Around the Woods

A Course in Woodturning
by Milton and Wohlers; 1919

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Preface to the Web Edition

Wood turning has become a hobby of choice for many people today. While some few earn a living turning wood, most do it for enjoyment. For centuries, it was a way of life for many, hence the prominence of the name “Turner” in many of our phone books. Every town needed one.

While the advent of plastic bowls and steel spoons has lessened the need for professional turners, the warmth of wood over plastic and many metals has caused a great renaissance in the joy of wood turning for hobby and artistry. At the beginning of the twentieth century wood turning was a sought after craft and was taught in many of our schools. One of the text books used was A Course in Woodturning, 1919, by Archie Milton and Otto Wohlers.

The book is available online at Project Gutenberg , the home of over 20,000 free ebooks. I have taken the text under the rules of the Gutenberg Project and reformatted it for easier internet use with linked access to the pictures, explanations, exercises and projects. While the book is dated, there is a lot of great information.

There is a great deal of work left to do on the book. Some is incidental tweaking to make the Table of Contents a little easier to use although it works very well. Other work requires some extensive editorial addition with the changes in technology and the movement from the commercial venue to the hobby shop. There is also the need to supply some information about the exercises and projects that would normally come from the classroom advisor. In addition, there is the desire to have pictures to go with the line drawings of the exercises and projects which of course requires I do and photograph each one of the over one hundred activities. This will take some time as will allowing for printer friendly pages of each line drawing, not a consideration in 1919.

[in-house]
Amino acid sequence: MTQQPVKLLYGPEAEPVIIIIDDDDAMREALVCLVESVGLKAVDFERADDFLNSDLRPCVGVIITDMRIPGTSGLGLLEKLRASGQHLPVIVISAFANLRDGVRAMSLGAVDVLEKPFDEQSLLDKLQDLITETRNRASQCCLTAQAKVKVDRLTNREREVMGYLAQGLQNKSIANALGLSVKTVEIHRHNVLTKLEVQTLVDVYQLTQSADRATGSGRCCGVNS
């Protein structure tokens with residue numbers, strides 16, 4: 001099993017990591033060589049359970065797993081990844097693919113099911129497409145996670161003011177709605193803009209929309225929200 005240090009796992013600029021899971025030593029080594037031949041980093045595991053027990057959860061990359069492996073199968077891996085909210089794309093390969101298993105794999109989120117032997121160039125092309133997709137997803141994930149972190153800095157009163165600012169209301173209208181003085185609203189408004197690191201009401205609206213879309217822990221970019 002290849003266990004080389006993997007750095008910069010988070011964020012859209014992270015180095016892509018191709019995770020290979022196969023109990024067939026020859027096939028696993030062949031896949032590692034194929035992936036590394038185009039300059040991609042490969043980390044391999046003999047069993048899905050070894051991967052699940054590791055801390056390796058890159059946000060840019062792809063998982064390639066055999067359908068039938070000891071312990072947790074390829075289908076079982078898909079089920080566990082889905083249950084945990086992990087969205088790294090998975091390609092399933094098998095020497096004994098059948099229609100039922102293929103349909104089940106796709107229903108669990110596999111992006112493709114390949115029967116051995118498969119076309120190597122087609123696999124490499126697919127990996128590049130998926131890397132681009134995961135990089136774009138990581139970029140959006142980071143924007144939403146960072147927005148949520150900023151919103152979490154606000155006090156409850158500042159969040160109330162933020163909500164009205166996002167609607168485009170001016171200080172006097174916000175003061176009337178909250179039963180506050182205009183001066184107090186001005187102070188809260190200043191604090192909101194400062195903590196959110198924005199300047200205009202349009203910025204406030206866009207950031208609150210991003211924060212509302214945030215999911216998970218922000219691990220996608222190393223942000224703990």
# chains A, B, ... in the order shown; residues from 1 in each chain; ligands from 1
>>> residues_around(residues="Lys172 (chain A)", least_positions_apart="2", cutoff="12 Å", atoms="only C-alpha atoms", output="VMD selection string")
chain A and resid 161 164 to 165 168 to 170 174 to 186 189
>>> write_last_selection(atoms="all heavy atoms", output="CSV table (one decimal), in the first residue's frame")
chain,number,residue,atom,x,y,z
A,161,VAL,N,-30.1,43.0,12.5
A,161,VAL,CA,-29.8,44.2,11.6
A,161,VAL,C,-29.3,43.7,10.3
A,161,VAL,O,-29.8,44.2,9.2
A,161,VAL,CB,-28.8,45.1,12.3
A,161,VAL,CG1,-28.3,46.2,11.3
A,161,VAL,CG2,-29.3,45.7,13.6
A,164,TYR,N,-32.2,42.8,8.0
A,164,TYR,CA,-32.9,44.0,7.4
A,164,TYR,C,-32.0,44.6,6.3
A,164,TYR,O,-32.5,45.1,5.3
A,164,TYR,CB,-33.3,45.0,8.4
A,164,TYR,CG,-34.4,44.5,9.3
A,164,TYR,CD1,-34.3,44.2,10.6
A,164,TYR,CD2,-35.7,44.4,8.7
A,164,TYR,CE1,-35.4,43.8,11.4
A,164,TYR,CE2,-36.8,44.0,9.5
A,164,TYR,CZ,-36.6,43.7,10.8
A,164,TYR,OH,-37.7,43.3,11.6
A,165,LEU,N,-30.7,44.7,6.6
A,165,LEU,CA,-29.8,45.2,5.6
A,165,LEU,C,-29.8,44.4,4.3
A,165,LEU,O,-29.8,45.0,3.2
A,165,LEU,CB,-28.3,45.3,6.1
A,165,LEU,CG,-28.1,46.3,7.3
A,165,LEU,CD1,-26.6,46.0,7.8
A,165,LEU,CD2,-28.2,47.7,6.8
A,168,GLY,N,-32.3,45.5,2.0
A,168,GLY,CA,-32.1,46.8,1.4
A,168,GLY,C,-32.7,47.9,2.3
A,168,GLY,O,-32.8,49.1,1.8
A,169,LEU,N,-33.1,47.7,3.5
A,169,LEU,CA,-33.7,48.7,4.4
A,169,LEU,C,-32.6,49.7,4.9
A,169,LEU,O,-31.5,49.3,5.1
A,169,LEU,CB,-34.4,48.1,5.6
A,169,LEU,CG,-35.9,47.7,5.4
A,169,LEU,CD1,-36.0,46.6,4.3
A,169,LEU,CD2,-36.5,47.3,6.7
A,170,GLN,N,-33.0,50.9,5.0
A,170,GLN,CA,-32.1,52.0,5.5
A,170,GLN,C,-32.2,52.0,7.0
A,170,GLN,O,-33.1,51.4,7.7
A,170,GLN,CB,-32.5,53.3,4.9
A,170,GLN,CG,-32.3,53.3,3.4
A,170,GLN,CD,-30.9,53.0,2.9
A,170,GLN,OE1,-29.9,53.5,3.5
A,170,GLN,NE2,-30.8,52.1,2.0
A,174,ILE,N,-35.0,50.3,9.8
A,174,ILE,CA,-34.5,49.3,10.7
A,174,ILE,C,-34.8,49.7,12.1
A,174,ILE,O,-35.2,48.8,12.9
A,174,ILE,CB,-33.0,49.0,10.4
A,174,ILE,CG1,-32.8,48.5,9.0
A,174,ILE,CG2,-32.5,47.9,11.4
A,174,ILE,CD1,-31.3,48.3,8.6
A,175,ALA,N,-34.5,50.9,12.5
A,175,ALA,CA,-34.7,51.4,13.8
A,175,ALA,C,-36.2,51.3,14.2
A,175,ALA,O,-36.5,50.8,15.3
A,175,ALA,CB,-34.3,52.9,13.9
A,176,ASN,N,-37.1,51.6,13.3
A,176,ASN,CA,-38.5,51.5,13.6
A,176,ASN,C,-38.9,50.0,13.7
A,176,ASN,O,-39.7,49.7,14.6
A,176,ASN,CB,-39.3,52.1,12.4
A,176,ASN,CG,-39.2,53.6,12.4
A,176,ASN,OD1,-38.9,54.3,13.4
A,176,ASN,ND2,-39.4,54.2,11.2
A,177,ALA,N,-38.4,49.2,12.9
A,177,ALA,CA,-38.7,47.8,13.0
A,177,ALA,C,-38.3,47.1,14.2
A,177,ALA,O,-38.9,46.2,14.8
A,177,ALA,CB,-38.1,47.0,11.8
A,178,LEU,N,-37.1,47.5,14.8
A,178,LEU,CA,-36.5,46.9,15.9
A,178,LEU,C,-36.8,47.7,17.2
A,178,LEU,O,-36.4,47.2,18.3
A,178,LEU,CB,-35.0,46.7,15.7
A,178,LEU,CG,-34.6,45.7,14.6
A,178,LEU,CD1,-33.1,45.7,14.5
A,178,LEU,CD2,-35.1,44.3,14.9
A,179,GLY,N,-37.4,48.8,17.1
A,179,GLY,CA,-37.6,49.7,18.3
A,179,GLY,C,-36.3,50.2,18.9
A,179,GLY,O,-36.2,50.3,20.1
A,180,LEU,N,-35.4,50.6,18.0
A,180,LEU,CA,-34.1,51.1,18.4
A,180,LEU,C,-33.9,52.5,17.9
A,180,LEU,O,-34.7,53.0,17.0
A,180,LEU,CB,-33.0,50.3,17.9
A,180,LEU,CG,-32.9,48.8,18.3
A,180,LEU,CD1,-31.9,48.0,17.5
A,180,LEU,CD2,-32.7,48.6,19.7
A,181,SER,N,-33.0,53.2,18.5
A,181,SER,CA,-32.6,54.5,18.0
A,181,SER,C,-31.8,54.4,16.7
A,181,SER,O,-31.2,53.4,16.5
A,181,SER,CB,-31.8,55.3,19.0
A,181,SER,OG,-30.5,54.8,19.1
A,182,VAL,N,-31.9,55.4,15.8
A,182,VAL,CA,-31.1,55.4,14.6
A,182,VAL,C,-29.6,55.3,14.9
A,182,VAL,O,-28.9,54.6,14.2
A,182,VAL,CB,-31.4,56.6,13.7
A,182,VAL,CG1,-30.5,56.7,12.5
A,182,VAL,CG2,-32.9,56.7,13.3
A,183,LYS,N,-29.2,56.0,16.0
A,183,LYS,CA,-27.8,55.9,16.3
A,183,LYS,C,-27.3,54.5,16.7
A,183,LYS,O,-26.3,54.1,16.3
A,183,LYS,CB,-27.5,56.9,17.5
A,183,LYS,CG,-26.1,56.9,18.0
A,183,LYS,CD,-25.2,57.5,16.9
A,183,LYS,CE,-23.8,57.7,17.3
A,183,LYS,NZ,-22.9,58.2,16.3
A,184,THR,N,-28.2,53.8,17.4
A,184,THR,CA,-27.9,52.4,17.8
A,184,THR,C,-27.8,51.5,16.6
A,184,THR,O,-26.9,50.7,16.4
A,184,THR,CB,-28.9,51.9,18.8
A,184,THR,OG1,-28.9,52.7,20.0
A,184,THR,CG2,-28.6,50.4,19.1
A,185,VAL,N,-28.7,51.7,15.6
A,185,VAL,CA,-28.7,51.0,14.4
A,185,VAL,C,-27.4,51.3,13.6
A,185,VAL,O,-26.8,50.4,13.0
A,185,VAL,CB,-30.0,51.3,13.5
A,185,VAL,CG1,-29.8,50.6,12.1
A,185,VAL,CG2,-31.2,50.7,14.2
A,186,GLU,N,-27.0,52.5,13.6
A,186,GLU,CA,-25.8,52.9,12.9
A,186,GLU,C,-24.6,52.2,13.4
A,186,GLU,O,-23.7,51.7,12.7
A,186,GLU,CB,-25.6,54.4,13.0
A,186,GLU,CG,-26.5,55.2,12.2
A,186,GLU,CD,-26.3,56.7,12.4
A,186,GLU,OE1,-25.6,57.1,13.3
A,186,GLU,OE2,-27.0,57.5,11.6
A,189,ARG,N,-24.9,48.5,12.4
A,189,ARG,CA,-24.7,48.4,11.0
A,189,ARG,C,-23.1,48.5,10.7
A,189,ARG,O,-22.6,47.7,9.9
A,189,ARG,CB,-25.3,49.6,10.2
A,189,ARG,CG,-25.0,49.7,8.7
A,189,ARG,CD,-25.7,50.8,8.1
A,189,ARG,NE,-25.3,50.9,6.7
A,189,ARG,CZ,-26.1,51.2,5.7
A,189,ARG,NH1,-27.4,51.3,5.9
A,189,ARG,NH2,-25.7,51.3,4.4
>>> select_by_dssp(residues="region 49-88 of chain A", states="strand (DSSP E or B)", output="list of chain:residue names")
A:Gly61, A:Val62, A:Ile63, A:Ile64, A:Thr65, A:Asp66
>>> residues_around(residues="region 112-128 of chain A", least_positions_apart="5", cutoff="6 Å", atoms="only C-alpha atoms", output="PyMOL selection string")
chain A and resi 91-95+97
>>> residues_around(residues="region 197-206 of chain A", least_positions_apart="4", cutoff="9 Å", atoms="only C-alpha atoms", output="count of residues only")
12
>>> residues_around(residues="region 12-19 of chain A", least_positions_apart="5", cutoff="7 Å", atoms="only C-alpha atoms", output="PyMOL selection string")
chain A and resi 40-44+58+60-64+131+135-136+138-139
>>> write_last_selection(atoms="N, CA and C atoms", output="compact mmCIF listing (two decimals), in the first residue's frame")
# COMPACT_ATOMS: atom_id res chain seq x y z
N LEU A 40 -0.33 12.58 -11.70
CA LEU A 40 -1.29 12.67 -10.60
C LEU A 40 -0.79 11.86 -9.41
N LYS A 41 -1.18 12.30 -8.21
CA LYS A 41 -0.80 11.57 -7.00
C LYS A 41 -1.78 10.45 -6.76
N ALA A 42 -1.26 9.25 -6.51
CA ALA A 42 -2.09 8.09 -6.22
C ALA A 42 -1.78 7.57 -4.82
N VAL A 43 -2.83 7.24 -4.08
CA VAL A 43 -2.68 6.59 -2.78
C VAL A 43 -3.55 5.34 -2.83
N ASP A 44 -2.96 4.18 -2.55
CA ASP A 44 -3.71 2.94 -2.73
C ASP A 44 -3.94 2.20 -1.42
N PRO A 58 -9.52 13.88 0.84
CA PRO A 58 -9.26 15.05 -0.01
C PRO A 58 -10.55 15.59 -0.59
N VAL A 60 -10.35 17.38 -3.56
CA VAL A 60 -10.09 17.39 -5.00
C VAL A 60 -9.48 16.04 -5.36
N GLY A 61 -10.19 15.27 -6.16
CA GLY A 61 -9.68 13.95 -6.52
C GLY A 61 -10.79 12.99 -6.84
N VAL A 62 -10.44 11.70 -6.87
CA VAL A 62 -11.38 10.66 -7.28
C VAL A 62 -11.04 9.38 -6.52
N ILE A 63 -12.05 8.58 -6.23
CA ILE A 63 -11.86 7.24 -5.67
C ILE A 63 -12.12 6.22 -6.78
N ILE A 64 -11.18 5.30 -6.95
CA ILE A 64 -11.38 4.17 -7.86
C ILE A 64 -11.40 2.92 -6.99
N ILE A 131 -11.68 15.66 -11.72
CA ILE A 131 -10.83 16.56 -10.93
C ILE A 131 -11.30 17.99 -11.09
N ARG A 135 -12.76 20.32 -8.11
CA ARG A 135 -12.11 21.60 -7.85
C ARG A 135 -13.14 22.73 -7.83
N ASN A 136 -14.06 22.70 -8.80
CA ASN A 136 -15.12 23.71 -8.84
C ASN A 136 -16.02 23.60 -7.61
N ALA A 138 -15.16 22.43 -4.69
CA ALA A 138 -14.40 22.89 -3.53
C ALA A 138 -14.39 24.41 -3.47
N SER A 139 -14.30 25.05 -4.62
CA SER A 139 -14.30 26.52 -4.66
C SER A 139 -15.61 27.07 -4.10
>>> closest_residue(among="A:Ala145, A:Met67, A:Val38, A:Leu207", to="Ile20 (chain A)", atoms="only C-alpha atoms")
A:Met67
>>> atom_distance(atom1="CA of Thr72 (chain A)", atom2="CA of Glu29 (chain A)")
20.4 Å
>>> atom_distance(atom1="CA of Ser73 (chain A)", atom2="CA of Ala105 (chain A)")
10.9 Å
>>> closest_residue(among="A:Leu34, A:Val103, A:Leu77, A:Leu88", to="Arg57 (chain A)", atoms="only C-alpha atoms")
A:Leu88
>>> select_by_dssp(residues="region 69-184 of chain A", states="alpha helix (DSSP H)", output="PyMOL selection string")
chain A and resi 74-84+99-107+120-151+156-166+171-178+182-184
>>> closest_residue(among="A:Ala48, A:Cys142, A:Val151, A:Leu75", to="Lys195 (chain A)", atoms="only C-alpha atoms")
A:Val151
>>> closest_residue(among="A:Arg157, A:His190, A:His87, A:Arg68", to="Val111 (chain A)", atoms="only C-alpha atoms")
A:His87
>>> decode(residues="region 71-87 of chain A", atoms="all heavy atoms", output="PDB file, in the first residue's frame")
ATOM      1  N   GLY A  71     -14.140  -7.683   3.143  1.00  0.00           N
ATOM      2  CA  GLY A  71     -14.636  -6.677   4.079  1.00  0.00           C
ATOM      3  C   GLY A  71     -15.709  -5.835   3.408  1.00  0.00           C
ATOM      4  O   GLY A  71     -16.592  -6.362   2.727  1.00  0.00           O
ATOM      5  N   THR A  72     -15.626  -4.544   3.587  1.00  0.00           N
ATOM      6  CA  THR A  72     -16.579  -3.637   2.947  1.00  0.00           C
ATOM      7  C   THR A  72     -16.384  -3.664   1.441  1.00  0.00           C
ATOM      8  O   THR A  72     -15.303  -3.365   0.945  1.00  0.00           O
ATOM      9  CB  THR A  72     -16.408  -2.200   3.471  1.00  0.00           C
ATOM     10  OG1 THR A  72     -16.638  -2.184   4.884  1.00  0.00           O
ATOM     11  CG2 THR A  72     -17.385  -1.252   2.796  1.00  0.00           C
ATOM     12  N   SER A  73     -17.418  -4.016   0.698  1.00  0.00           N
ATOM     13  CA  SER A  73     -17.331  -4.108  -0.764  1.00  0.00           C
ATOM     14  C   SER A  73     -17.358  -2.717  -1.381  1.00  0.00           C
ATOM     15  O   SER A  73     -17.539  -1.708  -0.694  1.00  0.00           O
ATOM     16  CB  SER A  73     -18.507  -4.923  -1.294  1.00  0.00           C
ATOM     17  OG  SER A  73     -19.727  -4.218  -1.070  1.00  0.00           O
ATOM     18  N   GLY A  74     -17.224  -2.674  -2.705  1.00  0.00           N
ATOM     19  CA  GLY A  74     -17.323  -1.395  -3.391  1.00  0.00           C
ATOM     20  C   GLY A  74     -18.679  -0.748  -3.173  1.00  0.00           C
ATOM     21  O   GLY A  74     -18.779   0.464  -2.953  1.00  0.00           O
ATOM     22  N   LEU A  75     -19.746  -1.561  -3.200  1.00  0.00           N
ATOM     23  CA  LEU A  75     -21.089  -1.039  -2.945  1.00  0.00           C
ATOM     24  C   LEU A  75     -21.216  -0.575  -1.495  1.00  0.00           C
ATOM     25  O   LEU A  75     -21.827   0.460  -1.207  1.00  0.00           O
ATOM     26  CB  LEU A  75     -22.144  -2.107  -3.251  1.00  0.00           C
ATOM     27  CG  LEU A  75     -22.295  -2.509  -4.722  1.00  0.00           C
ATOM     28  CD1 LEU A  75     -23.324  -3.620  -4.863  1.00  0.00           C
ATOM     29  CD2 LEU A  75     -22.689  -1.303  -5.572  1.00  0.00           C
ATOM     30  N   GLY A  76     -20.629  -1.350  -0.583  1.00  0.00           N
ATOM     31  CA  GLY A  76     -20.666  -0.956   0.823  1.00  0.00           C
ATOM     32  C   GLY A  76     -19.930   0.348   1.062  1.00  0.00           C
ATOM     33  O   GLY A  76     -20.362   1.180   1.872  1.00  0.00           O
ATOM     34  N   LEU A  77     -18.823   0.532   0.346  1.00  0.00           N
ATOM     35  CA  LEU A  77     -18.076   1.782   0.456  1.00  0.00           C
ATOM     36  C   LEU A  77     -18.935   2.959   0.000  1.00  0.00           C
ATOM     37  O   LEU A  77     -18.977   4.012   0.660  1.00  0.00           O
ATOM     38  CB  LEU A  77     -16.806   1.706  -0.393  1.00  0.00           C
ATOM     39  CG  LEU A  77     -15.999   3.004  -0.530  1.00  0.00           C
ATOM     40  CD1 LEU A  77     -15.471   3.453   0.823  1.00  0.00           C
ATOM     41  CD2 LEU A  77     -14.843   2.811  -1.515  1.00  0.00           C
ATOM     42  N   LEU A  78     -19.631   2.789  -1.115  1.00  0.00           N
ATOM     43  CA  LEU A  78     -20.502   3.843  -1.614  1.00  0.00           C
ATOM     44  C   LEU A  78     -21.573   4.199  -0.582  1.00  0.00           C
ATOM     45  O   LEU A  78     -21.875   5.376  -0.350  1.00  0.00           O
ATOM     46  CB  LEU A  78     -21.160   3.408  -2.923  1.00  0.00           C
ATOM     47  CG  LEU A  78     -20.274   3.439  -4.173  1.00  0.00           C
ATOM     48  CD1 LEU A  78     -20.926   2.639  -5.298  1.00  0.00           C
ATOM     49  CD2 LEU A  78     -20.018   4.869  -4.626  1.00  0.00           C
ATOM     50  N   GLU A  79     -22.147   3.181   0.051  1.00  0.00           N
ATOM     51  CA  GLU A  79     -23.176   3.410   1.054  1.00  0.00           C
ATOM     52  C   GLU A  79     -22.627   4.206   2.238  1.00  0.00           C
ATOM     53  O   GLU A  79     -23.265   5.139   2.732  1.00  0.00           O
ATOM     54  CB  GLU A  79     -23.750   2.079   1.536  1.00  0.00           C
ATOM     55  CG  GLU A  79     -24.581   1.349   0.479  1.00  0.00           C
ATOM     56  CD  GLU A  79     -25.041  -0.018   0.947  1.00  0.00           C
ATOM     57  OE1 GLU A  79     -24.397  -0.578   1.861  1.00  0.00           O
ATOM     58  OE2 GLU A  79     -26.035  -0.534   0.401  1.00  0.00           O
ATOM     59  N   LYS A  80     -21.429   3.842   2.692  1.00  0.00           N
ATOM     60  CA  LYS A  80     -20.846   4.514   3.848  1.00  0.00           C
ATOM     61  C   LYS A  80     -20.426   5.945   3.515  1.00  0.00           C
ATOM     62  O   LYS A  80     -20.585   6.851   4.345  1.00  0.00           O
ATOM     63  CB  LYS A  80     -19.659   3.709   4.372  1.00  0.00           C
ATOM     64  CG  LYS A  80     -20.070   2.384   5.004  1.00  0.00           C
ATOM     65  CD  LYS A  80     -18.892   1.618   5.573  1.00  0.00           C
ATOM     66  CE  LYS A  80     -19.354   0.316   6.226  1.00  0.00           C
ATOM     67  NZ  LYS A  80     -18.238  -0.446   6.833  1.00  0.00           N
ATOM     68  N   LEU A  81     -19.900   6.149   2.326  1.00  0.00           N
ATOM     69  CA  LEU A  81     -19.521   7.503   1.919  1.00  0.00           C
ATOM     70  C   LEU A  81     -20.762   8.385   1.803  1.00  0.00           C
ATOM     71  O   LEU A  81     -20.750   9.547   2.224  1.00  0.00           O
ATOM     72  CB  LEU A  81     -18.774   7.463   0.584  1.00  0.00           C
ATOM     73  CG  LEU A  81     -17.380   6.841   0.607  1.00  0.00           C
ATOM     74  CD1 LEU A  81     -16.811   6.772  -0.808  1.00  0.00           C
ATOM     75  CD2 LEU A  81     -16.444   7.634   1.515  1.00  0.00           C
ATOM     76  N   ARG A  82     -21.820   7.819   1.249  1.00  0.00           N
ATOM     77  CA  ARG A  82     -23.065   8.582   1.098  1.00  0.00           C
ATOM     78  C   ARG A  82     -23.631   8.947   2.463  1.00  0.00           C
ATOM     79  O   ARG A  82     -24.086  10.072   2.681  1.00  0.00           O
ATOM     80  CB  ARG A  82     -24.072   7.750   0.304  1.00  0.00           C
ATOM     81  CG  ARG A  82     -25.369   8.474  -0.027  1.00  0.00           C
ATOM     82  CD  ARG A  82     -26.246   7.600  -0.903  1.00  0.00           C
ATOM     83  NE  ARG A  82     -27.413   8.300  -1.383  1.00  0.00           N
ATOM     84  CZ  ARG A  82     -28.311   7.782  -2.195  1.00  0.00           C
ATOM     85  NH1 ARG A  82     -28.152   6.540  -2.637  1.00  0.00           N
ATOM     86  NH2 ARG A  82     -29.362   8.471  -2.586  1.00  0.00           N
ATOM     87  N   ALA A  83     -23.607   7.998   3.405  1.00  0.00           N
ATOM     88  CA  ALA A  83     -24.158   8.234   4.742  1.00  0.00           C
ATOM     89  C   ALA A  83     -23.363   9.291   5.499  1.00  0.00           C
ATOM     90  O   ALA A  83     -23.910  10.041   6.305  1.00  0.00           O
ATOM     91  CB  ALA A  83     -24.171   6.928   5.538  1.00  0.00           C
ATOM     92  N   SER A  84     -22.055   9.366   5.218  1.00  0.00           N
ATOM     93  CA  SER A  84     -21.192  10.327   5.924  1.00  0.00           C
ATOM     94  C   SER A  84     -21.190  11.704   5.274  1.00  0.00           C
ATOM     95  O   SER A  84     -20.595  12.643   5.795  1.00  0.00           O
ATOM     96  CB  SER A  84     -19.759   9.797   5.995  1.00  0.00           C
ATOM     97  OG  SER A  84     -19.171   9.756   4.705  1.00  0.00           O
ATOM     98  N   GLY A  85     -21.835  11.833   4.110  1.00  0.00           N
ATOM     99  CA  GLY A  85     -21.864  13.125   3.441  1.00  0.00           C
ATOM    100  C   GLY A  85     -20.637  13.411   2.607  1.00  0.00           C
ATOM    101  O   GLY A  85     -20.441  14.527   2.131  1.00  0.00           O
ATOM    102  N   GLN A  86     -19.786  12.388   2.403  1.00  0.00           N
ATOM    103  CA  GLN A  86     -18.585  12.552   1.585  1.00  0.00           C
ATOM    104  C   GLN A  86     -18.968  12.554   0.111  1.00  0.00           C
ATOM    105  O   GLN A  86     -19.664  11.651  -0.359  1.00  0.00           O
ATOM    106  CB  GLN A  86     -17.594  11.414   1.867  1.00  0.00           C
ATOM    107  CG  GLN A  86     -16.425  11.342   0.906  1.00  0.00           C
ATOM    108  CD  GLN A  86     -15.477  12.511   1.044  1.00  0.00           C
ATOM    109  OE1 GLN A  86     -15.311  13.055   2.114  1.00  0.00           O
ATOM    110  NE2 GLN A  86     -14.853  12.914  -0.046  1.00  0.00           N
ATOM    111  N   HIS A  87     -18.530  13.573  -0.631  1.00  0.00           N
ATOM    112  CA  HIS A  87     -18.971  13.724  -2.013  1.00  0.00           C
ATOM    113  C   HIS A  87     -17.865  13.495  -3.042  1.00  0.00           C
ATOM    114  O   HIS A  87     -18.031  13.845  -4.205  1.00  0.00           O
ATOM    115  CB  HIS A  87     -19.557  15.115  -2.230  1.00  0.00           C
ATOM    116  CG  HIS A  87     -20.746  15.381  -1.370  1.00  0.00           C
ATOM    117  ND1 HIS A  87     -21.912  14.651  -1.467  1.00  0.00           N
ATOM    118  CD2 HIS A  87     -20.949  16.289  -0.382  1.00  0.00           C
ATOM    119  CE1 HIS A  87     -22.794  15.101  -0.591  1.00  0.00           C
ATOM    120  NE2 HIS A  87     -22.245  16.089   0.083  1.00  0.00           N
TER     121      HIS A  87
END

Still, this book is an enjoyable read and a glimpse into a different turning world and past time. Some projects will seem very dated such as collar boxes and hat pin receivers, but a good box is a good box. Chucks referred to are screw chucks and jam chucks, not the four jawed variety of today. If one begins at the beginning and turns all the exercises and projects, he or she will be a good turner indeed.

Please note that wood working of any sort carries its own dangers and neither the original authors, Project Gutenberg nor myself are responsible for your safety at the lathe or during any other work shop activity. Be careful and have fun.

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